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Legislative Assembly for the ACT: 2001 Week 10 Hansard (28 August) . . Page.. 3369 ..

Mr Stanhope: We would like a bit of consistency.

MR SPEAKER: Just a moment. Order! If this matter is to be thoroughly investigated it is a question of privilege that should come to me in writing. I will then decide if it is a matter of privilege. I am tired of the slanging that goes on across this chamber when we have a great deal of work ahead of us. I suggest that if anybody in this Assembly believes that privilege has been breached they write to me.

Mr Humphries: Mr Speaker, with respect, the issue before the house today is not a question of privilege, although that is a matter we should look at subsequently. The question is whether or not an inference has been made, and I would argue that it has. The effect of what Mr Stanhope just said is that an inference like that should be withdrawn. That is the way he raised it.

MR SPEAKER: May I ask whether both sides might like to do that then?

Mr Stanhope: I was simply pointing out your hypocrisy.

Mr Moore: On a point of order, Mr Speaker: I think that has to be withdrawn.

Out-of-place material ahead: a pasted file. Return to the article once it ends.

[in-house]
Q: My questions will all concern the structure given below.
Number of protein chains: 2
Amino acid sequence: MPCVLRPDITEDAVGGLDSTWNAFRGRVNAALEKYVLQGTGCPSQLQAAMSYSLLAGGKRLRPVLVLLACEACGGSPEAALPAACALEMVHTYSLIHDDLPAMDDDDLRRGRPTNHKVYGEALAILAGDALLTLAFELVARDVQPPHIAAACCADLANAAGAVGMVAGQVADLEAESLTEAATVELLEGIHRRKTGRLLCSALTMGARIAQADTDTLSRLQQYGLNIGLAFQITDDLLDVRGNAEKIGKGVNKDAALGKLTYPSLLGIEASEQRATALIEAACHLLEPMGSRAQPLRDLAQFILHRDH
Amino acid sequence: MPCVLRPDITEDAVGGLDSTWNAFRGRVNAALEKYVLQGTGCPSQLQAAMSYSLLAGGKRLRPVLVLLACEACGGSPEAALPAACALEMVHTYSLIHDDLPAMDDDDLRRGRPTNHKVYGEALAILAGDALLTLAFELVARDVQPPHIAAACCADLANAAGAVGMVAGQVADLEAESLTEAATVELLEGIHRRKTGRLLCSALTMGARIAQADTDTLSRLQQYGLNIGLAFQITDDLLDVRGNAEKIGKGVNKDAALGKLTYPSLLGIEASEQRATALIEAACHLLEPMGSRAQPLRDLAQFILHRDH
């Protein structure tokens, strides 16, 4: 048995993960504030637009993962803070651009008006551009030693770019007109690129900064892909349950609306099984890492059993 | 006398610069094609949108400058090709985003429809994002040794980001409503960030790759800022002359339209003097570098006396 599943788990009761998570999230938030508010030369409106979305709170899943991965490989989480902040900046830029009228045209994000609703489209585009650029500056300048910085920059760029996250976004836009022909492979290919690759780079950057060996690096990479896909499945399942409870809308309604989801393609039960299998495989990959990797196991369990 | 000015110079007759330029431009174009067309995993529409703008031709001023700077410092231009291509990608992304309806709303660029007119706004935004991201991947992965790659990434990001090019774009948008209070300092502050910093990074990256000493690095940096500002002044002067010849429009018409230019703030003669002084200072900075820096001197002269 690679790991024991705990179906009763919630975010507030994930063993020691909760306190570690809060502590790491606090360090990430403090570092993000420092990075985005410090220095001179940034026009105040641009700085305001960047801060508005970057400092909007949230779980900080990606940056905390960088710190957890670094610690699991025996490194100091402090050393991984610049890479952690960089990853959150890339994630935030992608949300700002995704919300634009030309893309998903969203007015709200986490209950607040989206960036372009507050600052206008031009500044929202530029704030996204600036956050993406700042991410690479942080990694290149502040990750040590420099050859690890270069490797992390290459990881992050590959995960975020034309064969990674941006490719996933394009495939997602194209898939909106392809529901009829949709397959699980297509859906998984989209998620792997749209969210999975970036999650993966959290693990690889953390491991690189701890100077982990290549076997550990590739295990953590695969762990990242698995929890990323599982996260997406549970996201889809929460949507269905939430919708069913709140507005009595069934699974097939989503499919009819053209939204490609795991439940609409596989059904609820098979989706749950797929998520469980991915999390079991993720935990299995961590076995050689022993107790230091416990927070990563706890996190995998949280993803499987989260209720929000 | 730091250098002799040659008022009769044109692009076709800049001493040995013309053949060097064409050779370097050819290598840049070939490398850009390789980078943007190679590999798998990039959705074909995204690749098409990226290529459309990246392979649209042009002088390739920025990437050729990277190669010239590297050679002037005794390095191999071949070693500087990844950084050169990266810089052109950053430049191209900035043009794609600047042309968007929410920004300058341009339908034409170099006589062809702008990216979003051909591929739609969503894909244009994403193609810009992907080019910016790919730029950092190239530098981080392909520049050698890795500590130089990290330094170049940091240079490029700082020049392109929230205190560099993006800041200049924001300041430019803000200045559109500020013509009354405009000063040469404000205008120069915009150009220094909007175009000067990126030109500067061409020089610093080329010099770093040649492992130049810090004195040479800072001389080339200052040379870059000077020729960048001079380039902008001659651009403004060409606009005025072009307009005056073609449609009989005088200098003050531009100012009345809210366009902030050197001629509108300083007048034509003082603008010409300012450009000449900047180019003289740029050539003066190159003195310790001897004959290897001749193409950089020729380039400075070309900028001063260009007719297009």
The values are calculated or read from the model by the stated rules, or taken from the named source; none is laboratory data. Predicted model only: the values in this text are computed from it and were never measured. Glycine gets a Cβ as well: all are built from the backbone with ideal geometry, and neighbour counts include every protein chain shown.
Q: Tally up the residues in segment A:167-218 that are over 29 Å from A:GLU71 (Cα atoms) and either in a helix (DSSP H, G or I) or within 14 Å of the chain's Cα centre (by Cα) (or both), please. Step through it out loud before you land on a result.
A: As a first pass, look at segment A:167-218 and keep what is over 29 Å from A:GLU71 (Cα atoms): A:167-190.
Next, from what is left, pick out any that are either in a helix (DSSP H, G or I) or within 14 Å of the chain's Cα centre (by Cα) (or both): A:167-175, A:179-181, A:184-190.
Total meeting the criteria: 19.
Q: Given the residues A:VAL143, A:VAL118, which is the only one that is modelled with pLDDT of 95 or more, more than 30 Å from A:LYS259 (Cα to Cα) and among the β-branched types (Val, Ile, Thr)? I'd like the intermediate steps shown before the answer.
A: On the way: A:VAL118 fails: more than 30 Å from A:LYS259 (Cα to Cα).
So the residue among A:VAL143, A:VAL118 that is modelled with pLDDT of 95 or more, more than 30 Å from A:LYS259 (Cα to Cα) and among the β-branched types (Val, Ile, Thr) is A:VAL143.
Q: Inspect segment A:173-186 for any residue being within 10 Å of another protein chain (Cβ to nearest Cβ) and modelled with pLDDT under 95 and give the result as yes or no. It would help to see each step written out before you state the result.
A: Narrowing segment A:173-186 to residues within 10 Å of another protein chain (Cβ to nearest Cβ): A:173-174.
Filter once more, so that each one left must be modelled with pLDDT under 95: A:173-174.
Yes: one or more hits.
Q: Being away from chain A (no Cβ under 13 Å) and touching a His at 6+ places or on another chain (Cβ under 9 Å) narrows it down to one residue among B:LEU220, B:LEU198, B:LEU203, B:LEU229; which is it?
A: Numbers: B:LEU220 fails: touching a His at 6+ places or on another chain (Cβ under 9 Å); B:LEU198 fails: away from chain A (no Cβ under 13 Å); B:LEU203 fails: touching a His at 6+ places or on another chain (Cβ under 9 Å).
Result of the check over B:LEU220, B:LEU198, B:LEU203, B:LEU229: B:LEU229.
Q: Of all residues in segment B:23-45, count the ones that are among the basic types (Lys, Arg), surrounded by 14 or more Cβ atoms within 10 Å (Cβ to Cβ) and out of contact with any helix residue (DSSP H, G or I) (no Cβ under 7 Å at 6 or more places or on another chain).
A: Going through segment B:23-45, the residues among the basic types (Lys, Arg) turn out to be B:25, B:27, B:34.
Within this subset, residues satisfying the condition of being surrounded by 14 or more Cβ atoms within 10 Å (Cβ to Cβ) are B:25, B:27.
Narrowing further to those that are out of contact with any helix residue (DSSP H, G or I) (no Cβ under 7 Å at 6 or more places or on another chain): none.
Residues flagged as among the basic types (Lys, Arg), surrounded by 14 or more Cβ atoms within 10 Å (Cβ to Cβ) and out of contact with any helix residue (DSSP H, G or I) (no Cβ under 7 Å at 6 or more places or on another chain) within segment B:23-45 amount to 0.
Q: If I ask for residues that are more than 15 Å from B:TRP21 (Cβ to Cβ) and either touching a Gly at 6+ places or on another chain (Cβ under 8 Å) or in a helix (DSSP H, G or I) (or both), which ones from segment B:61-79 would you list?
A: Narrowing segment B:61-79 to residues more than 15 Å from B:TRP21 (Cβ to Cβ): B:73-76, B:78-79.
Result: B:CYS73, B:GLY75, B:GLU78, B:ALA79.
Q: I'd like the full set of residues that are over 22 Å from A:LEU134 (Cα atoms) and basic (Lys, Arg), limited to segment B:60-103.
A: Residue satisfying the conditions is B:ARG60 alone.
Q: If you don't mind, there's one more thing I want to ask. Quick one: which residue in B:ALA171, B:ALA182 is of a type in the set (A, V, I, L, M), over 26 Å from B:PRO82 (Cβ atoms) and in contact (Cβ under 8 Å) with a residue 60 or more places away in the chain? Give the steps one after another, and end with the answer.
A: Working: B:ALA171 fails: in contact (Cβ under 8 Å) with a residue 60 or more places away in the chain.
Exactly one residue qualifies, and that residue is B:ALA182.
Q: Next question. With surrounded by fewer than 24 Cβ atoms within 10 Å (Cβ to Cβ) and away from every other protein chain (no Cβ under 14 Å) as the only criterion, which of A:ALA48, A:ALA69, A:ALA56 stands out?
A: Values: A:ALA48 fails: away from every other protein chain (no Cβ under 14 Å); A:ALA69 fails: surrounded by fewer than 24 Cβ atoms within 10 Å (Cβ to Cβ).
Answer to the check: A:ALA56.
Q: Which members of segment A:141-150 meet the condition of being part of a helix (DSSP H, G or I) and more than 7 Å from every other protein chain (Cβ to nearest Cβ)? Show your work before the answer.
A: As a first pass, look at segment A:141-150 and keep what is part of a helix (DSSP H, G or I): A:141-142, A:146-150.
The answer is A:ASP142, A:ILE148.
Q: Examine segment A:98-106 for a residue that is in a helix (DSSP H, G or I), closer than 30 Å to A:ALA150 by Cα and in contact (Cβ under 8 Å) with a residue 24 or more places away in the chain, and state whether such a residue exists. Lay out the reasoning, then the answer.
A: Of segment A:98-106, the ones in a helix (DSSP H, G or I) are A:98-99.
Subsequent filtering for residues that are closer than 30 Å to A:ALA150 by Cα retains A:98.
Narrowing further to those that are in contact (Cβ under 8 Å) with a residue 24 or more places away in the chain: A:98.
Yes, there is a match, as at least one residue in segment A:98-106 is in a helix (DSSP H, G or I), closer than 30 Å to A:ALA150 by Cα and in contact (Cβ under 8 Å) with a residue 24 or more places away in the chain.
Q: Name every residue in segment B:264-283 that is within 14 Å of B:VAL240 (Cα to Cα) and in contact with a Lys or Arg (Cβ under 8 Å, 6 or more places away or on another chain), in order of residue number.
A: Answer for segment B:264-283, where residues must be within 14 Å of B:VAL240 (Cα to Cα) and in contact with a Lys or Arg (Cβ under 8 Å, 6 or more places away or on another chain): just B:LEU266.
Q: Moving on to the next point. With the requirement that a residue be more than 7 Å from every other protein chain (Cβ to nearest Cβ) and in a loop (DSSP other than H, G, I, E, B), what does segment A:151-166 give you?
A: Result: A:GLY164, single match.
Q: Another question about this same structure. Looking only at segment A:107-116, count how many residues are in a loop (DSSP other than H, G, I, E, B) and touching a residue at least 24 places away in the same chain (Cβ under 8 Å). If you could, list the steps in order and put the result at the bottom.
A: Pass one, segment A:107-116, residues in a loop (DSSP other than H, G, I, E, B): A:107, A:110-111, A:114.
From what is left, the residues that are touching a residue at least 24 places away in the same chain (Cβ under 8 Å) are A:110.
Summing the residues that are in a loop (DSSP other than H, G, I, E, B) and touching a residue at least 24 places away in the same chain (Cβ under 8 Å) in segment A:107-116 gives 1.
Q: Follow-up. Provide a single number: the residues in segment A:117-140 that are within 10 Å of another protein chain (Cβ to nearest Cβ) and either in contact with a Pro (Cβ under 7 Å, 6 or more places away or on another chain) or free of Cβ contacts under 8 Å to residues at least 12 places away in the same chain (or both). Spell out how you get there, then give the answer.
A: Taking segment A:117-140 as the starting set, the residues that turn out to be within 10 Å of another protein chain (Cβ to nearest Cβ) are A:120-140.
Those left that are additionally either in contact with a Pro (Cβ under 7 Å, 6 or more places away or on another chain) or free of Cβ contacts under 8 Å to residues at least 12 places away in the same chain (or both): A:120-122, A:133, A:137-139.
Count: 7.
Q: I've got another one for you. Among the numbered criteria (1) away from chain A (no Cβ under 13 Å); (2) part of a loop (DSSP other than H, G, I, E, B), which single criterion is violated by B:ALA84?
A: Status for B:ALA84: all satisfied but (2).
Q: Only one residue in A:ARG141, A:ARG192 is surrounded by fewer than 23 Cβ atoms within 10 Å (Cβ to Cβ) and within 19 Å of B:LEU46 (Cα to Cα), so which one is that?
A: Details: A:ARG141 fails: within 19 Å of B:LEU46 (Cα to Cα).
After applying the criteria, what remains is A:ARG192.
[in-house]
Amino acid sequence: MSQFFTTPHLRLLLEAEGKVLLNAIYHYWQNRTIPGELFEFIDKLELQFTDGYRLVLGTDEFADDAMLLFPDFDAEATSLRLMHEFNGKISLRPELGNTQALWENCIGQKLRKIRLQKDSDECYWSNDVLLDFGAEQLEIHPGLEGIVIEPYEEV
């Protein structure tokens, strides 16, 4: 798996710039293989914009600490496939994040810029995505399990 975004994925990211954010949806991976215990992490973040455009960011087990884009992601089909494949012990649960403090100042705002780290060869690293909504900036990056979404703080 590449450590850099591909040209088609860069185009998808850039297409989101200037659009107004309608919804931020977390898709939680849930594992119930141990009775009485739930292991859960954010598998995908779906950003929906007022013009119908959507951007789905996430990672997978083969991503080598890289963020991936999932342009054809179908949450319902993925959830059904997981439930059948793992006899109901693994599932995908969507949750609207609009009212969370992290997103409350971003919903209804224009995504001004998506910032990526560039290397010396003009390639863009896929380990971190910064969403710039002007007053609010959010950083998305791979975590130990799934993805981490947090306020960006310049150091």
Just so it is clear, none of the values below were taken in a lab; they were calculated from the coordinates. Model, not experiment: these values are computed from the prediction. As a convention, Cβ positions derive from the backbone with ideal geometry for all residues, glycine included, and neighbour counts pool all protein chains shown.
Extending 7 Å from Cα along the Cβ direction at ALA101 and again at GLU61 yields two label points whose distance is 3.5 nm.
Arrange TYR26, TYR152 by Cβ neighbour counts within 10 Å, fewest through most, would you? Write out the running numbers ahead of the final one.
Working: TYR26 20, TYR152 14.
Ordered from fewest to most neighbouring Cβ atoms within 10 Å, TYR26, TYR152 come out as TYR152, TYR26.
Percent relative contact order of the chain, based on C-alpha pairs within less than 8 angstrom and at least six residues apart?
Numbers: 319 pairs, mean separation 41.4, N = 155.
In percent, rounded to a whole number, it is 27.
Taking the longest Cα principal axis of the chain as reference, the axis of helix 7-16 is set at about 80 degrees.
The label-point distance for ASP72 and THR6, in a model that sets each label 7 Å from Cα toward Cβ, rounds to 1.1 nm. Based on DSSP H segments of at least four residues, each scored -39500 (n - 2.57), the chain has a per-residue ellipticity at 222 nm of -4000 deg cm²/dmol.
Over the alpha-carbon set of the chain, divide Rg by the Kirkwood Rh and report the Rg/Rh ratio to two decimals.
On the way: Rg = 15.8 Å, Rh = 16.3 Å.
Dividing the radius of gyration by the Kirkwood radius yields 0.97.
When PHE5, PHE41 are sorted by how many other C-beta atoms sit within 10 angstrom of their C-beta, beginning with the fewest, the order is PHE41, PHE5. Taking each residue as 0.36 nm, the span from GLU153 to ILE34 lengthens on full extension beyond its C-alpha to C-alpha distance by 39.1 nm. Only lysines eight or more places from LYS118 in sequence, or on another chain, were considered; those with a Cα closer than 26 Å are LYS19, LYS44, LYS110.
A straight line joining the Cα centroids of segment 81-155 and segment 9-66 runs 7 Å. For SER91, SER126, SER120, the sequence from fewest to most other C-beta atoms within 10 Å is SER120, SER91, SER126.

MR SPEAKER: Hypocrisy. You can withdraw that.

Mr Stanhope: I will withdraw that.

MR SPEAKER: Thank you. Now, do you both want to withdraw? There are inferences being thrown around. If members think that this is sufficiently important that it should be withdrawn then I would ask-

Mr Quinlan: Mr Speaker, I gave a chronology of events which is based on proof. That is what I gave.

Mr Humphries: Proof that I could not have done what you inferred.

MR SPEAKER: Very well. I will repeat-

Mr Quinlan: Sorry. I'm sorry, but if I stood up in this place and said that on 17 August I gave you some advice, and on 18 August a story broke, I'm sorry I said that.

Mr Kaine: Mr Speaker, speaking on this point of order: if Mr Quinlan was going to be asked to withdraw any inference that he might have made against the Chief Minister, then I require that the Chief Minister also be required to withdraw the inference he made against me. Let's be even-handed about this.

MR SPEAKER: Thank you. This is what I suggested a little earlier, Mr Kaine, as an effort to resolve this, unless somebody wishes to take action in a letter to me relating to privilege. Now, I suggest that both sides might like to withdraw any imputations.

Mr Quinlan: Mr Speaker, I cannot withdraw the facts. I did write a letter on 17 August.

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